Elisha reveals that it is possible to go from trapped by expectations to…
Set-Free by the Exceptions (2 Kings 4:2-4) 2 Elisha replied to her, “How can I help you? Tell me, what do you have in your house?” “Your servant has nothing there at all,” she said, “except a small jar of olive oil.” 3 Elisha said, “Go around and ask all your neighbors for empty jars. Don’t ask for just a few. 4 Then go inside and shut the door behind you and your sons. Pour oil into all the jars, and as each is filled, put it to one side.”
When the widow explains her ordeal, it is clear that when she looks at her situation she sees no opportunity, nothing to work with, and yet it is the very thing that she has Overlooked that will be the means for her to Overcome! It is in the exception where Elisha sees the opportunity for her to be set-free. God in the process drives the widow and us outside of what we know—beyond ourselves, beyond our limitations, beyond our preferences. Jesus got his twelve disciples to the same starting place as the widow as he sent them out, “He told them: “Take nothing for the journey–no staff, no bag, no bread, no money, no extra shirt.” He pushes them to depend on the exception rather than give into the expectation. It should remind us that our security is never found in possessing God but in pursuing Him. Continue reading “Set-Free By the Exception”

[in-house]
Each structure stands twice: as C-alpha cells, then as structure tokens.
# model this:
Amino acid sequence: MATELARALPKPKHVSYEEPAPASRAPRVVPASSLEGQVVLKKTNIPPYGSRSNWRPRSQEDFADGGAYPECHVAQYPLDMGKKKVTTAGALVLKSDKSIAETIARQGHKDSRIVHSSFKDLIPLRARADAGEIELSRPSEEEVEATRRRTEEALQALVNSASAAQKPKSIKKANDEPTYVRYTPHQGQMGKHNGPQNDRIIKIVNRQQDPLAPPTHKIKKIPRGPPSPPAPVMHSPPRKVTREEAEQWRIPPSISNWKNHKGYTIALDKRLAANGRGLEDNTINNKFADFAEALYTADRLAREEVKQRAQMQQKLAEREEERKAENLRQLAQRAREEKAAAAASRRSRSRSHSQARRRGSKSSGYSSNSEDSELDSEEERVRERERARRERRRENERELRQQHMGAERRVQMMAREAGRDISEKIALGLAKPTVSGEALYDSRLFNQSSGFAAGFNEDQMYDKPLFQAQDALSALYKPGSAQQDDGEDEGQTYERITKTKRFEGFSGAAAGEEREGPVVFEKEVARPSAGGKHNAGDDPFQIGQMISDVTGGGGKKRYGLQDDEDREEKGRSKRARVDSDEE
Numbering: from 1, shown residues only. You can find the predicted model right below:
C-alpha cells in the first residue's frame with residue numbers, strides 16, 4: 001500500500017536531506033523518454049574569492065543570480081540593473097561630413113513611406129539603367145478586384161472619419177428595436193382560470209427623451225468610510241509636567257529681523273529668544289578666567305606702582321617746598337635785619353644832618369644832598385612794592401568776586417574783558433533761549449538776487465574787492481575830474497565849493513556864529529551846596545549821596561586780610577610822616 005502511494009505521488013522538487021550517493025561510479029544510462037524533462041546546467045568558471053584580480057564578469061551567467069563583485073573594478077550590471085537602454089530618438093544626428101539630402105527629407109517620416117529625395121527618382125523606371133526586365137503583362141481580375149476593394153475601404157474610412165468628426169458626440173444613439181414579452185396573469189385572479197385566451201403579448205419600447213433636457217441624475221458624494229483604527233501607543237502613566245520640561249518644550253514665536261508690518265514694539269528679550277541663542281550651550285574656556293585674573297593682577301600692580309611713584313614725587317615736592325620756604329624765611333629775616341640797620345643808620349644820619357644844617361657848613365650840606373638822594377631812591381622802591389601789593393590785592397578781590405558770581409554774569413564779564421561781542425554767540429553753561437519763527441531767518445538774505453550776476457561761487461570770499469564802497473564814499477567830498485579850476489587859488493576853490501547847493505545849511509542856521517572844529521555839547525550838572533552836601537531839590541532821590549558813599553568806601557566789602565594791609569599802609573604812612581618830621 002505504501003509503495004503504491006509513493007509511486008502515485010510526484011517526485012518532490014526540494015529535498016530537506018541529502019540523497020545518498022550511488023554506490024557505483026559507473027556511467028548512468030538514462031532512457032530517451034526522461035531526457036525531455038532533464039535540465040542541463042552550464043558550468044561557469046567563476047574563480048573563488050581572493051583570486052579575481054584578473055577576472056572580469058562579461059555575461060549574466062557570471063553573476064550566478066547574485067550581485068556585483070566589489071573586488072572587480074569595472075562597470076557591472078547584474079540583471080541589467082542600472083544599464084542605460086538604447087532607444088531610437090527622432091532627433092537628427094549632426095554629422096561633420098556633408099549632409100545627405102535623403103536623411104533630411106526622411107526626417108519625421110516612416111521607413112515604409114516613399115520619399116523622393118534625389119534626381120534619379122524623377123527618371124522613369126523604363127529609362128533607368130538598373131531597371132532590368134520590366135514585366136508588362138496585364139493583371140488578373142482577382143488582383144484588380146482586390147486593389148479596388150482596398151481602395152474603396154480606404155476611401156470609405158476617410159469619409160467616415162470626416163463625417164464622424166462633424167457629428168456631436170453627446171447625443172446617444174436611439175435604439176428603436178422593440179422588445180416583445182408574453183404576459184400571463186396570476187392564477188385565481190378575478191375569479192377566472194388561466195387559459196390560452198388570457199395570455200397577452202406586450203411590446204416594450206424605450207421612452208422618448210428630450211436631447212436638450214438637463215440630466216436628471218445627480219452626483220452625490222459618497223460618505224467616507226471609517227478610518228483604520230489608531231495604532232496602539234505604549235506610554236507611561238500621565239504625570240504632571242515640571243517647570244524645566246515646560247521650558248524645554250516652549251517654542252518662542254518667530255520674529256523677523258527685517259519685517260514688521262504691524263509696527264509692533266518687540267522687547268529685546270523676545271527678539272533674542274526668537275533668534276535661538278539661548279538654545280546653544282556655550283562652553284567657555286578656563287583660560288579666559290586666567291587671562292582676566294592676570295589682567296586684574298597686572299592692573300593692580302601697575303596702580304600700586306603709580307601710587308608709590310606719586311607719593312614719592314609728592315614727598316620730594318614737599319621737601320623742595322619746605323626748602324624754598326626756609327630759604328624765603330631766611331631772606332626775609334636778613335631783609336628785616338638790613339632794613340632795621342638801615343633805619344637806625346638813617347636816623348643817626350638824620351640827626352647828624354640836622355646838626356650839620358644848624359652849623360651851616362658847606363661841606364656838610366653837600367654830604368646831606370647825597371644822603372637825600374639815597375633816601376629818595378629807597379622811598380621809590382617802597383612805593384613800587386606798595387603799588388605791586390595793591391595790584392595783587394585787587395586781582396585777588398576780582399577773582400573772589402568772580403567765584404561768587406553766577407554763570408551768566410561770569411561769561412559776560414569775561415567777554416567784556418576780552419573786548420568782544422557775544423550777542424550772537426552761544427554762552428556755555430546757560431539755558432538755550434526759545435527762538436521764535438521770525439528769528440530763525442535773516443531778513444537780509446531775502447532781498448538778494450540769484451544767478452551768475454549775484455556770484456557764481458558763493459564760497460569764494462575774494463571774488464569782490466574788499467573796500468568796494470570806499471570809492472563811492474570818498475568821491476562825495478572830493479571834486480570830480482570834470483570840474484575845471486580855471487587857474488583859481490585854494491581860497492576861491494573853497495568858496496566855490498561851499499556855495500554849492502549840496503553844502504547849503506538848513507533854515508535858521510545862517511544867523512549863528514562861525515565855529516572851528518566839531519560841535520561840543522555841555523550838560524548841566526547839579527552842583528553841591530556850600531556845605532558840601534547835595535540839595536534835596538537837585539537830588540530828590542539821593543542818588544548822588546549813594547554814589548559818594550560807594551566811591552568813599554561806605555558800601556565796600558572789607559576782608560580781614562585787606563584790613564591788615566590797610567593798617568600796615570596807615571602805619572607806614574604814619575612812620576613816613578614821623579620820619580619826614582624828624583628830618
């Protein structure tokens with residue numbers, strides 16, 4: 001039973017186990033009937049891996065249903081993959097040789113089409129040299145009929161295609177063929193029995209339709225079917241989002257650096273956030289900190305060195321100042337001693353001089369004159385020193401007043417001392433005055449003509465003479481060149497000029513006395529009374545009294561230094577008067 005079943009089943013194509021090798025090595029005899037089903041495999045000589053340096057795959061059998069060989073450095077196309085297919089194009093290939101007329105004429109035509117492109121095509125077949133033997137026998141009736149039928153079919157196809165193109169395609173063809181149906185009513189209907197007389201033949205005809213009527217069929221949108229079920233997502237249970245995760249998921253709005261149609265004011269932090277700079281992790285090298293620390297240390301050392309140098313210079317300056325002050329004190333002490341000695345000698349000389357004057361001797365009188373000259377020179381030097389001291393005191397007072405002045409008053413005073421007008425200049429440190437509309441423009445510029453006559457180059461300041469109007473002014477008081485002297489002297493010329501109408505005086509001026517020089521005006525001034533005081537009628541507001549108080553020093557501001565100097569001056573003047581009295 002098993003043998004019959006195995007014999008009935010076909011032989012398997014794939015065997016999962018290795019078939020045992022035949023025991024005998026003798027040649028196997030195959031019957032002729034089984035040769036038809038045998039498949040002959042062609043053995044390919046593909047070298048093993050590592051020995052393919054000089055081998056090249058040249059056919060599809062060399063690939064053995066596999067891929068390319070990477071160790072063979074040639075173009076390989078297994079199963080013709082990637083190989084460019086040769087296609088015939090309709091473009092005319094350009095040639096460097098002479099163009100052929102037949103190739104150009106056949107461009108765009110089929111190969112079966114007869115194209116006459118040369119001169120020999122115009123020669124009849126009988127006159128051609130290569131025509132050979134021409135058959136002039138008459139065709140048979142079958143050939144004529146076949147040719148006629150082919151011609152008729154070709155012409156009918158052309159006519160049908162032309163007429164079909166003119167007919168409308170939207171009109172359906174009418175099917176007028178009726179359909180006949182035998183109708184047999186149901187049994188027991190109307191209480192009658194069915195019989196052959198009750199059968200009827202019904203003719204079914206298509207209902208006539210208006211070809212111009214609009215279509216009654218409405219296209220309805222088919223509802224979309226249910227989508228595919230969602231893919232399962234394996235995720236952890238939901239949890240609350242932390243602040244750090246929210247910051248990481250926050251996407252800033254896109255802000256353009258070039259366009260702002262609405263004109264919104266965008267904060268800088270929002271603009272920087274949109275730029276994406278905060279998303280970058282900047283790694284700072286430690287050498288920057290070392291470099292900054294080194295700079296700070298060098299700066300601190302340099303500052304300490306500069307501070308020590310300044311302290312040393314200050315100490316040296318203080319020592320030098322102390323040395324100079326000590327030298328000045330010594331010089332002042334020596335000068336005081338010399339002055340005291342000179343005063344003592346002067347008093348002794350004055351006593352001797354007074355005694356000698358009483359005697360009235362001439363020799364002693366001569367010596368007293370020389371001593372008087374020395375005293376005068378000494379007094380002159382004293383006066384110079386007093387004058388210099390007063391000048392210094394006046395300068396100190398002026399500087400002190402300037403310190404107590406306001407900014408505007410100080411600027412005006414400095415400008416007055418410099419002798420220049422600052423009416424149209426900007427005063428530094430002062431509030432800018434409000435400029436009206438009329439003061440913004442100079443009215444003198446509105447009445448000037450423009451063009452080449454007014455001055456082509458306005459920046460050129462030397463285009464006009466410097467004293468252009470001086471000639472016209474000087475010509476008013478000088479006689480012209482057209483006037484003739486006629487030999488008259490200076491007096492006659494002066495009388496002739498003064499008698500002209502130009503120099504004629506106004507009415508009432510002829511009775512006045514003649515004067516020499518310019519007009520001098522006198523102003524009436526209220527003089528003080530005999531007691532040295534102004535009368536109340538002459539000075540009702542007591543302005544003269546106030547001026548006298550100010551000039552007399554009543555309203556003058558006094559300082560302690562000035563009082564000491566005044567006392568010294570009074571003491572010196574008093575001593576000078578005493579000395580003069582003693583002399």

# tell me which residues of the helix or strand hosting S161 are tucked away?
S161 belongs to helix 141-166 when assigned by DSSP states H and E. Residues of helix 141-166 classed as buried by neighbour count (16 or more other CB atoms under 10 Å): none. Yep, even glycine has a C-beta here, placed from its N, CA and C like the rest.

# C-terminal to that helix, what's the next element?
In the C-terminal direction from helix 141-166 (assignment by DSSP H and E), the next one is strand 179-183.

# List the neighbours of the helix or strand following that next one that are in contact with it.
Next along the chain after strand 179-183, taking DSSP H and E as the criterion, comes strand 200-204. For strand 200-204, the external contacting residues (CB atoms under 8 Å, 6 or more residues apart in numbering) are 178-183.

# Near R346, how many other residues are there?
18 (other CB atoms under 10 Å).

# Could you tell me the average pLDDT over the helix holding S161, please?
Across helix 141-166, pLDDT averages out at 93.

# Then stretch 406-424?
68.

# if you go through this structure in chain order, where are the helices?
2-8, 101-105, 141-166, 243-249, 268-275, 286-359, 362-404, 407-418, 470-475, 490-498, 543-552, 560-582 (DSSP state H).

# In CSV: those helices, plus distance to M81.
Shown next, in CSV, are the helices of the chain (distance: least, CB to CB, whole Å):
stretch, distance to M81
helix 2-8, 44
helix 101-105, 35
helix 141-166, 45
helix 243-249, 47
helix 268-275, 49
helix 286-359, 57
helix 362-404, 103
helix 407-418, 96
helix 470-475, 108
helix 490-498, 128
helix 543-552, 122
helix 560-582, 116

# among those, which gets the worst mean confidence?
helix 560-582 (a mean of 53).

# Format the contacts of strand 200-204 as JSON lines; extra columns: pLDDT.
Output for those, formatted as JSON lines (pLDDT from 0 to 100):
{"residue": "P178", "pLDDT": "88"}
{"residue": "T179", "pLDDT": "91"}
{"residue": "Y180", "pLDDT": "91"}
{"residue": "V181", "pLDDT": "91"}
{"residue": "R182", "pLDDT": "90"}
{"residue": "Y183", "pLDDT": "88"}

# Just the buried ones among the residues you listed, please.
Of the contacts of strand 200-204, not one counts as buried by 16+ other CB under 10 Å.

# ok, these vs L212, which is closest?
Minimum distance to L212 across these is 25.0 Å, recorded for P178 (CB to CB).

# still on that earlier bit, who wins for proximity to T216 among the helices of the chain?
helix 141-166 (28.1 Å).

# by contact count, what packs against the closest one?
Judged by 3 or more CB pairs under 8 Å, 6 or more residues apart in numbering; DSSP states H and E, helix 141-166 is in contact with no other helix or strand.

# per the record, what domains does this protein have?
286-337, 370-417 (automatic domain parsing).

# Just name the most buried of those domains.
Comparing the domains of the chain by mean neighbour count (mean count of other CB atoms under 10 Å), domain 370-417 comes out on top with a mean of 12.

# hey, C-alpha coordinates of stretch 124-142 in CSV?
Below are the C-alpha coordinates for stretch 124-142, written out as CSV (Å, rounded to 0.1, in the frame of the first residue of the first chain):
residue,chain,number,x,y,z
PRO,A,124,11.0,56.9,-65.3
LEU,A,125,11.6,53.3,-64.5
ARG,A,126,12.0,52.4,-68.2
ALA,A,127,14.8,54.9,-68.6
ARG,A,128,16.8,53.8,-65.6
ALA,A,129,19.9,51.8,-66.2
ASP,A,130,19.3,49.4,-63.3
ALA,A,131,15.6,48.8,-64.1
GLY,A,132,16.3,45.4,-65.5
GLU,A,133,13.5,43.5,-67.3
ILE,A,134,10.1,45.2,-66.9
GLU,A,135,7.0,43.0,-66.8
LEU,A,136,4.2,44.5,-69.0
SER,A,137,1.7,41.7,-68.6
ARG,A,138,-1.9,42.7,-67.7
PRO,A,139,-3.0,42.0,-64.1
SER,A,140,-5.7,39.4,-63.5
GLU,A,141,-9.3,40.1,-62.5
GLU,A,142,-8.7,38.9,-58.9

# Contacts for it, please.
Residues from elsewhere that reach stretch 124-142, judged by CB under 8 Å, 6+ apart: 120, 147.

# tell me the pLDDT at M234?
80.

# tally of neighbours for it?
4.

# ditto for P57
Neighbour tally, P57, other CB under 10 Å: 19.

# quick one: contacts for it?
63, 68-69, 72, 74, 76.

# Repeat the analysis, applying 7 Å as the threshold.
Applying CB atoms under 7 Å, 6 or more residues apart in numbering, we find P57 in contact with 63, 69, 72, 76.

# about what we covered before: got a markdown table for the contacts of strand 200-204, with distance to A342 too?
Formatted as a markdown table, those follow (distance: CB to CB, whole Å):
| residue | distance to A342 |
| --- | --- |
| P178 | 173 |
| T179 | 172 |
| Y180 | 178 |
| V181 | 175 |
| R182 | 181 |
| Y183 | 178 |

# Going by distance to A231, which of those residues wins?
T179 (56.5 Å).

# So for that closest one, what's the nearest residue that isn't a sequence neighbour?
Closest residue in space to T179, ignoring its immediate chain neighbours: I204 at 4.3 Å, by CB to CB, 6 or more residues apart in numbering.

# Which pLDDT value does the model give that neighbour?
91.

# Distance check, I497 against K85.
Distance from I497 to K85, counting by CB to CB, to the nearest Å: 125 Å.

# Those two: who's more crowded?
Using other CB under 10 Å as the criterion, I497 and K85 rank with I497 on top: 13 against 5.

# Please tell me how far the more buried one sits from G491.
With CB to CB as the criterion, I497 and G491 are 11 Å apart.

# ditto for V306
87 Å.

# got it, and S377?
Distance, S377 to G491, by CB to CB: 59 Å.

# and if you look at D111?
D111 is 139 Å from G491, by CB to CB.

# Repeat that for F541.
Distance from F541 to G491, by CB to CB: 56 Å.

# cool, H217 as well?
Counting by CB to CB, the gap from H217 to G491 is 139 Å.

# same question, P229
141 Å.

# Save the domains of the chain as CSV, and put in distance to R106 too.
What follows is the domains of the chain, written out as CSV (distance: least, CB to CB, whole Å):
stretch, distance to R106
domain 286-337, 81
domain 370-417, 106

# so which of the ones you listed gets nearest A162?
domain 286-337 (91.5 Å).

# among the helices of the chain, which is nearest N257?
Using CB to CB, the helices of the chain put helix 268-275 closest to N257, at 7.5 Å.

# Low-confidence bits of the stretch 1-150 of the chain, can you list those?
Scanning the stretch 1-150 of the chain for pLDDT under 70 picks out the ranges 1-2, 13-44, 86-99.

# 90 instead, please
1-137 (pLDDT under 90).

As we continue in the life of Elisha, one of Israel’s greatest prophets, we have seen him transform from a simple farmer to being called to something greater. He burnt the plows that might have beckoned him back to his comfortable life and instead began being used by God—changing the course of a nation, and today he changes the course of a desperate widow who was beginning to see life as a dirty trick with no remedy or cure. Today in our text from 2 Kings 4:1-7, we find a widow who feels like a…
Slave to Expectations ( 2 Kings 4:1) The wife of a man from the company of the prophets cried out to Elisha,(If you’ve spent a lot of time around seminary students you will find out money is flowing very freely. It wasn’t rare in married student housing to find a couch out by the dumpster one day and then proudly displayed by another couple the next or a card table used for a dinner table.) “Your servant my husband is dead, and you know that he revered the Lord. But now his creditor is coming to take my two boys as his slaves.” No plea for help just a statement of desperation! Proverbs was right (22:7) The rich rules over the poor, and the borrower is slave to the lender. The law allowed for Hebrews to be sold or to sell themselves as a way to pay off their debt. God intended it to be temporary and help transport people beyond humble beginnings or big mistakes. What was established to be a way out of bondage, through loopholes in the law inflicted bondage on the weakest and most vulnerable. Losing possessions is one thing, but that is nothing in comparison to the panic of watching her two sons become slaves. While people ignored God’s expectations to care for the widows and orphans, to limit the number of years in service, to bless those who served under you, you can almost hear the familiar refrain: “It’s just business as usual!” Just what everyone expected. Continue reading “Slave to Expectations”